Ethnic terrorist groups like the Chechens that are concerned with elevating the status of a particular minority within a country, carving out political rights or some form of territorial autonomy are their own entity. And they are most often the groups that elicit a significant level of popular support and sympathy.
They are the people most often associated with the pithy idea of one man’s terrorist as another man’s freedom fighter. This is because they have often been oppressed and brutalized by the reigning government or ethnic majority. This is the history of Chechnya.
The Chechens were subject to genocidal killings and displacements even before Stalin. And the more they were oppressed, the stronger became their identity—and the more their cause solidified.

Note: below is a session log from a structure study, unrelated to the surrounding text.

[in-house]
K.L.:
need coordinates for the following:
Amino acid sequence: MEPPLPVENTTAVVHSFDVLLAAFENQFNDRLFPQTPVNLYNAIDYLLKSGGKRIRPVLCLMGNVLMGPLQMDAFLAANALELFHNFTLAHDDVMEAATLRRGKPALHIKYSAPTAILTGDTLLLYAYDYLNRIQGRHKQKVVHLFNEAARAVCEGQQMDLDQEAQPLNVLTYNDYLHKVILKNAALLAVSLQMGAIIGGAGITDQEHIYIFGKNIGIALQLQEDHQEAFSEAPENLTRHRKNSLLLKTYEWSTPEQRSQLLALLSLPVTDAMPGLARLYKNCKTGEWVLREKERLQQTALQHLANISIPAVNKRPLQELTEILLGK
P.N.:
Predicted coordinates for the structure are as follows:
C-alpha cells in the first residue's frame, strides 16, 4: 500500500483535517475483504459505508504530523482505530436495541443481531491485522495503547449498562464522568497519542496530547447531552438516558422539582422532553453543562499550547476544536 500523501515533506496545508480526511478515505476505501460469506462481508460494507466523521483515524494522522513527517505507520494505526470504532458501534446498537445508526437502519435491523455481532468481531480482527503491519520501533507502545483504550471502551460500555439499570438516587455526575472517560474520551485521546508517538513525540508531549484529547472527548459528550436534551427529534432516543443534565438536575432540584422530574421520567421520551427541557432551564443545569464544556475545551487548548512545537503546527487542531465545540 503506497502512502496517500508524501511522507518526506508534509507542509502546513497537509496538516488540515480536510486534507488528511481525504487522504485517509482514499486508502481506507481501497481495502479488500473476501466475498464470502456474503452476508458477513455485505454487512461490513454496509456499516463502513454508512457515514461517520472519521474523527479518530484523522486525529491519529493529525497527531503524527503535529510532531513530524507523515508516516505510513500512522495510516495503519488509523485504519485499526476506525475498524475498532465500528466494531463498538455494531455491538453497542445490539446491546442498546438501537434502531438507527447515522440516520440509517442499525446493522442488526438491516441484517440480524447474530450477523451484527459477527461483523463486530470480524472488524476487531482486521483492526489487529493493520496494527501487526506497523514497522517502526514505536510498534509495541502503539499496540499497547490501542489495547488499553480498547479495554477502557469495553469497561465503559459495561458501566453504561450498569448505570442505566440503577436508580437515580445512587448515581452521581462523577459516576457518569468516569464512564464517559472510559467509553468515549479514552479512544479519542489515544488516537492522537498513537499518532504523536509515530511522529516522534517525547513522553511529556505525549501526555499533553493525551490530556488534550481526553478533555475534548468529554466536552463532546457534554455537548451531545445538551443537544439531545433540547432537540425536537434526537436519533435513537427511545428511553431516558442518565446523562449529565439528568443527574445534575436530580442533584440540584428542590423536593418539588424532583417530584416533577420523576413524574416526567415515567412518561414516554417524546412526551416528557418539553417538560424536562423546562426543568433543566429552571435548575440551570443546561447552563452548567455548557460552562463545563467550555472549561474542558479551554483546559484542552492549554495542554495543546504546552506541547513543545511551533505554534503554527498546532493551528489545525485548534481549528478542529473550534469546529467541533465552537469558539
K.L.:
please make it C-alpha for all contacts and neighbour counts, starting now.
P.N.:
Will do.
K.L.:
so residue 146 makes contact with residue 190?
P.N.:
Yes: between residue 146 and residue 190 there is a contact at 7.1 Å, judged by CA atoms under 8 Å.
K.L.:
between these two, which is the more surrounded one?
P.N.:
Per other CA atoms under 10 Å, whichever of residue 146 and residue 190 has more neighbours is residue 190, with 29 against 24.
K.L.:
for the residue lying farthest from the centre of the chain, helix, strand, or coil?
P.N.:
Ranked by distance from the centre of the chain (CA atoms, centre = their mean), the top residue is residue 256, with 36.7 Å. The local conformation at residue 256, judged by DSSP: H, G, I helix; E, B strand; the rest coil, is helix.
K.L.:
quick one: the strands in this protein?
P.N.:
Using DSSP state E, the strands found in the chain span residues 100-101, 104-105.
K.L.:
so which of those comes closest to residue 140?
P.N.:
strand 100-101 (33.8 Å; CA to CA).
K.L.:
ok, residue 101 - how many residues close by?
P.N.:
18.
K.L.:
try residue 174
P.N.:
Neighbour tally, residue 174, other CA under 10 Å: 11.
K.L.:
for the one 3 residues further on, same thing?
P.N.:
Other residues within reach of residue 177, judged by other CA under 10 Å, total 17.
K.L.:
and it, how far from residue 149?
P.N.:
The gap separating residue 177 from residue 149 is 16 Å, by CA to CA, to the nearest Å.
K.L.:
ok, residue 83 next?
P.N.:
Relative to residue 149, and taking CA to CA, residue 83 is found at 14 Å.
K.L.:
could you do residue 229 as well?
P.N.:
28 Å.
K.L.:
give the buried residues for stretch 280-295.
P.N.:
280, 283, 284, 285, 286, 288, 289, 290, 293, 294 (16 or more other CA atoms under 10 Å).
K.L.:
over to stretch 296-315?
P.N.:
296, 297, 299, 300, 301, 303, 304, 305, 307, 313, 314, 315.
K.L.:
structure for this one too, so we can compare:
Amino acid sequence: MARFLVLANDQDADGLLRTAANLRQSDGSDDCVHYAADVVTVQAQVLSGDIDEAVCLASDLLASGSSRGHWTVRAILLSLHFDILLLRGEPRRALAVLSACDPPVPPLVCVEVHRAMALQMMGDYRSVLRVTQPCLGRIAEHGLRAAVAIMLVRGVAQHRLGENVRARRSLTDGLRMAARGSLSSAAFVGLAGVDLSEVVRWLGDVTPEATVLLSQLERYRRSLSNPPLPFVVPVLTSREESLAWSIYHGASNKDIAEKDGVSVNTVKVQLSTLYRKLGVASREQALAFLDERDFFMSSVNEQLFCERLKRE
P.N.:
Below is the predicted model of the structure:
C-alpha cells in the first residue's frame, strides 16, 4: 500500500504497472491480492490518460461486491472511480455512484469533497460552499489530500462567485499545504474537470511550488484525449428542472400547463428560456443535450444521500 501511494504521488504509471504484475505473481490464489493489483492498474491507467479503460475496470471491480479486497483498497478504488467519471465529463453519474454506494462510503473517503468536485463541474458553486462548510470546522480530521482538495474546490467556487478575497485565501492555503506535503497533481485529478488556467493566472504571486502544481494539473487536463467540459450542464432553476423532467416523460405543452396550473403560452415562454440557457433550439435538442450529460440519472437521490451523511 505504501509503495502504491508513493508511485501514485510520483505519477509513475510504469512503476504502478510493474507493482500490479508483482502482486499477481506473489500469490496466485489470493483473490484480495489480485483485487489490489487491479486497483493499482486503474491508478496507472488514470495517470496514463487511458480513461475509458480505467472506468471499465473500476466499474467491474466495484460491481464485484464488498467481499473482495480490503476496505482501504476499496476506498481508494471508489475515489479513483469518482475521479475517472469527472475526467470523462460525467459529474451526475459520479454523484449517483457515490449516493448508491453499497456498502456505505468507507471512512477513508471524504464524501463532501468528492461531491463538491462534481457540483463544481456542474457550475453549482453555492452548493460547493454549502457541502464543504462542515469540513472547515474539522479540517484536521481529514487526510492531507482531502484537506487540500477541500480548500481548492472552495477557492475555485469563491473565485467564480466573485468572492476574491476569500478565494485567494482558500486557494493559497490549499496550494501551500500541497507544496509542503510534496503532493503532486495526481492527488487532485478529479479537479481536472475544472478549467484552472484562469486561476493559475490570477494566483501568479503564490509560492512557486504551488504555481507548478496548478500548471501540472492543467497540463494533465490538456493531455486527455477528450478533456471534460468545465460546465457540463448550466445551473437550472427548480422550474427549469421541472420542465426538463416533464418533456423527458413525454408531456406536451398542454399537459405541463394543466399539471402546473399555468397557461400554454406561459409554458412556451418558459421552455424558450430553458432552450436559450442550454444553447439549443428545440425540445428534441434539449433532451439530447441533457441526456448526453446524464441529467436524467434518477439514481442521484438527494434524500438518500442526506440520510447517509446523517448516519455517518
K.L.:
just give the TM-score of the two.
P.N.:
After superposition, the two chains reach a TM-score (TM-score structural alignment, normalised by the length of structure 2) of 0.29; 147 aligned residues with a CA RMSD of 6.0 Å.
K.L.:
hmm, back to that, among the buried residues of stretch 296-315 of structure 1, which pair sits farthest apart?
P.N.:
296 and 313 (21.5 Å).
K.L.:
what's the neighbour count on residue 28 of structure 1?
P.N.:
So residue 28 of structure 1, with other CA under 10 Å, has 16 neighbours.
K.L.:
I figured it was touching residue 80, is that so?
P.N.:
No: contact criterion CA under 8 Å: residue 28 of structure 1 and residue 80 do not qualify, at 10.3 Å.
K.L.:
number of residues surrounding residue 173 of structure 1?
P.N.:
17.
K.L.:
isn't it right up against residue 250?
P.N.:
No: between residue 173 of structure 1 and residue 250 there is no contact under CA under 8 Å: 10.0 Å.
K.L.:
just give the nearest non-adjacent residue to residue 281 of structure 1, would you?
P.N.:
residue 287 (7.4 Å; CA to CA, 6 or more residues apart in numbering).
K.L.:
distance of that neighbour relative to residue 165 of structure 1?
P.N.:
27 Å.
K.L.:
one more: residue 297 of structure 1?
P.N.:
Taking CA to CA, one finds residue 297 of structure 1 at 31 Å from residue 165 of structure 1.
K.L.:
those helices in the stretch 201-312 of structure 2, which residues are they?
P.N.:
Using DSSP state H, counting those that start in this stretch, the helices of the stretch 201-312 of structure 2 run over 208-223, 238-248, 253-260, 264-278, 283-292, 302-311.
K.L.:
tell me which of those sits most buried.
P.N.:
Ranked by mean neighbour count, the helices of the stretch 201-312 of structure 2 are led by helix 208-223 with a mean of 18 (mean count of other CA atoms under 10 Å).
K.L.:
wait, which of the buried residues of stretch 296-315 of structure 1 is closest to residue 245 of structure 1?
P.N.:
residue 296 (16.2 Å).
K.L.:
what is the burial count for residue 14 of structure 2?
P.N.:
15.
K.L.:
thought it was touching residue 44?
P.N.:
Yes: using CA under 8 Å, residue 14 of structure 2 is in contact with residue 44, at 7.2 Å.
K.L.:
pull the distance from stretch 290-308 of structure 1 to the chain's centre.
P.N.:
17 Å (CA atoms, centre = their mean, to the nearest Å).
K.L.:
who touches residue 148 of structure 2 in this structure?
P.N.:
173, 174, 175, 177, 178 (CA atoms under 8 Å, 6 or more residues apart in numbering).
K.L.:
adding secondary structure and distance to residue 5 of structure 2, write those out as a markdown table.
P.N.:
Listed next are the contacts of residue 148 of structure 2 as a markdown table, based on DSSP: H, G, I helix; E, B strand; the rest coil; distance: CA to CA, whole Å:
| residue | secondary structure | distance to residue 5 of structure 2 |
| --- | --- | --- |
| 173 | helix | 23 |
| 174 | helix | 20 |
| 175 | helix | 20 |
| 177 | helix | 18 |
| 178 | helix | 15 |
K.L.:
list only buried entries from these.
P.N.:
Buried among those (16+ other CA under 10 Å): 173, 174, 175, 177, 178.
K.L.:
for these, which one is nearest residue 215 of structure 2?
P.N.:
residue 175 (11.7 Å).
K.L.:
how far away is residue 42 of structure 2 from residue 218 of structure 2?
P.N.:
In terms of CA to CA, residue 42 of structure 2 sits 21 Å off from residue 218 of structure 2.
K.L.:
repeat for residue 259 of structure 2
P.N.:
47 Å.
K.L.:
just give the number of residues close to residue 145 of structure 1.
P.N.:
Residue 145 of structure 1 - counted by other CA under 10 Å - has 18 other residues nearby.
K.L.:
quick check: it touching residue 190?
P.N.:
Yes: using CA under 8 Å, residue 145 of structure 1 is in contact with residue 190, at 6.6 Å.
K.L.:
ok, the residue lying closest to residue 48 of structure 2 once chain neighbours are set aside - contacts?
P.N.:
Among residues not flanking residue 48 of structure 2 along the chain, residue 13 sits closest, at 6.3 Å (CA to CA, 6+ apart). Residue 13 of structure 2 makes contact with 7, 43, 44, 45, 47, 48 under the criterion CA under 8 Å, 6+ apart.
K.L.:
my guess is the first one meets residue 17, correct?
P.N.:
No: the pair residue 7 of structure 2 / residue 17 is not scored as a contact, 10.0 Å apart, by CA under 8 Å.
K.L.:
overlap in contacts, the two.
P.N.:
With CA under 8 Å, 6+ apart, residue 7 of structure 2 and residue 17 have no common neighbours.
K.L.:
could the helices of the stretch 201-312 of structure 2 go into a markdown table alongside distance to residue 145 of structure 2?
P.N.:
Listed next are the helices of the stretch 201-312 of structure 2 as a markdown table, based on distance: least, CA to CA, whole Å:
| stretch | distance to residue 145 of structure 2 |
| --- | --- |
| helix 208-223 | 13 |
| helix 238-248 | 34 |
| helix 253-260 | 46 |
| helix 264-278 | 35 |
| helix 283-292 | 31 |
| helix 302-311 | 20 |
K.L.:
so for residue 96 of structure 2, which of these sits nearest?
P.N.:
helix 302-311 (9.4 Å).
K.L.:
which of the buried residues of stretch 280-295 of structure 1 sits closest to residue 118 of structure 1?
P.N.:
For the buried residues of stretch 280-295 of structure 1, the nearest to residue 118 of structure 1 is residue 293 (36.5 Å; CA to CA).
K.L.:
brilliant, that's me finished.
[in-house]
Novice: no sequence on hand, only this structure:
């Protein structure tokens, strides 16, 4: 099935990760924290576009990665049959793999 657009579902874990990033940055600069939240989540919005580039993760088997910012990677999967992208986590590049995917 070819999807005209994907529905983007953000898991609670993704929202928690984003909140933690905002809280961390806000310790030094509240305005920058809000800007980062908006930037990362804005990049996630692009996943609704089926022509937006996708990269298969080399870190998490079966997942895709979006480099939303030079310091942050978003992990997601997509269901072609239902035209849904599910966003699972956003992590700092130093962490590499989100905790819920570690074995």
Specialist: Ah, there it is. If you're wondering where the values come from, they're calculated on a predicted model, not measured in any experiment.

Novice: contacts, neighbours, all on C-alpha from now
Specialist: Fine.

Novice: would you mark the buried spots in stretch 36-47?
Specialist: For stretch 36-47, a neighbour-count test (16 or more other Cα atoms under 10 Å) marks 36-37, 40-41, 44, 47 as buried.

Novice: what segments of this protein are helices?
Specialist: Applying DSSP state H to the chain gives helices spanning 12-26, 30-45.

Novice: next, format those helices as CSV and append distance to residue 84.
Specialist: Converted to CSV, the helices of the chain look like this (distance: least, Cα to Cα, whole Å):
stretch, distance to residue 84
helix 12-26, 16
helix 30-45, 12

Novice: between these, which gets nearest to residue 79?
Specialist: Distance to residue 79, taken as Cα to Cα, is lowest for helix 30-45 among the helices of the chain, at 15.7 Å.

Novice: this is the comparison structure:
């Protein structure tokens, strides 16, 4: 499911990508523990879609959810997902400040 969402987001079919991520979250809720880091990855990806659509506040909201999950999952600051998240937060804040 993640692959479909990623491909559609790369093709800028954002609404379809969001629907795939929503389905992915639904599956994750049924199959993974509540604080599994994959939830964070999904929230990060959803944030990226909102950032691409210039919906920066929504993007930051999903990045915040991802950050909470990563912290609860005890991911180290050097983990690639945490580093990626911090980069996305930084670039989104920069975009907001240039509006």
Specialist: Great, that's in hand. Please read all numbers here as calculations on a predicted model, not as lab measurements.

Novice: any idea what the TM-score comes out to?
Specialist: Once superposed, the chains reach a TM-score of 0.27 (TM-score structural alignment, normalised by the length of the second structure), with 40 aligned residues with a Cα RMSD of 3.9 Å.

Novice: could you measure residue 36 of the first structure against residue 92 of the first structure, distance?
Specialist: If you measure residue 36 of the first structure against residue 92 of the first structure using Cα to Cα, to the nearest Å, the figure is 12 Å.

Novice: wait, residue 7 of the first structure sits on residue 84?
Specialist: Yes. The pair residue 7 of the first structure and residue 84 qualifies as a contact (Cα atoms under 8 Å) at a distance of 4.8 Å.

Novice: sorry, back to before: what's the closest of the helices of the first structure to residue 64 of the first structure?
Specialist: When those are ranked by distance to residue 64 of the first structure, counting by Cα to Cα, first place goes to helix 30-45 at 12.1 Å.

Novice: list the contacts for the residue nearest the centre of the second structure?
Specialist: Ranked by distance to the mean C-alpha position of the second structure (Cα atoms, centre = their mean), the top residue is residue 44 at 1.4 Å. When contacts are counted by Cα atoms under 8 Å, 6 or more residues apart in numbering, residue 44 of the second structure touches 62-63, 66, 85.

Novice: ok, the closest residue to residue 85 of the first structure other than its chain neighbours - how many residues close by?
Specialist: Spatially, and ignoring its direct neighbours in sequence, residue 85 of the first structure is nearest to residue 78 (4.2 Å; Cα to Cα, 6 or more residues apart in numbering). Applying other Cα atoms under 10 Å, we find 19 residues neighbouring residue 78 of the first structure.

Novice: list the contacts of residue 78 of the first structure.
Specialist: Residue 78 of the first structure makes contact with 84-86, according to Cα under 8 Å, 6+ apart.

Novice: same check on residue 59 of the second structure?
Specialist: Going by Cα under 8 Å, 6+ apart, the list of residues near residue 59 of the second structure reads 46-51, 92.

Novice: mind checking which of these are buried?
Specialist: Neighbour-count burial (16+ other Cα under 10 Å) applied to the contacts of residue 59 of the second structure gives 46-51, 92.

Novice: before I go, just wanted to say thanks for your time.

A just cause?
But just because they are bound by a common religion does not mean they are akin to al Qaeda.
Yes, ethnic Chechens are Sunni Muslim. Yes, other Islamic based groups like al Qaeda and the Islamic Movement of Uzbekistan are willing to support them.
But the Chechens are not hoping for Armageddon. The Chechens don’t much care about the rise of Islam. The Chechens care about Chechnya.
Al Qaeda has certainly helped the Chechens by providing training and arms. But there are no more than 200 foreign fighters in Chechnya—and even that number is most likely a significant overestimation, as we are probably talking about no more than a handful.
Even with such a small contribution, if the Chechens were to win independence, Osama bin Laden could well try to use it as a victory for the Muslim world.
Yet, we can reframe the problem not as a fight for the rise of Islam, but rather as the struggle of a people with a long-standing identity—and a long-standing desire for territorial autonomy.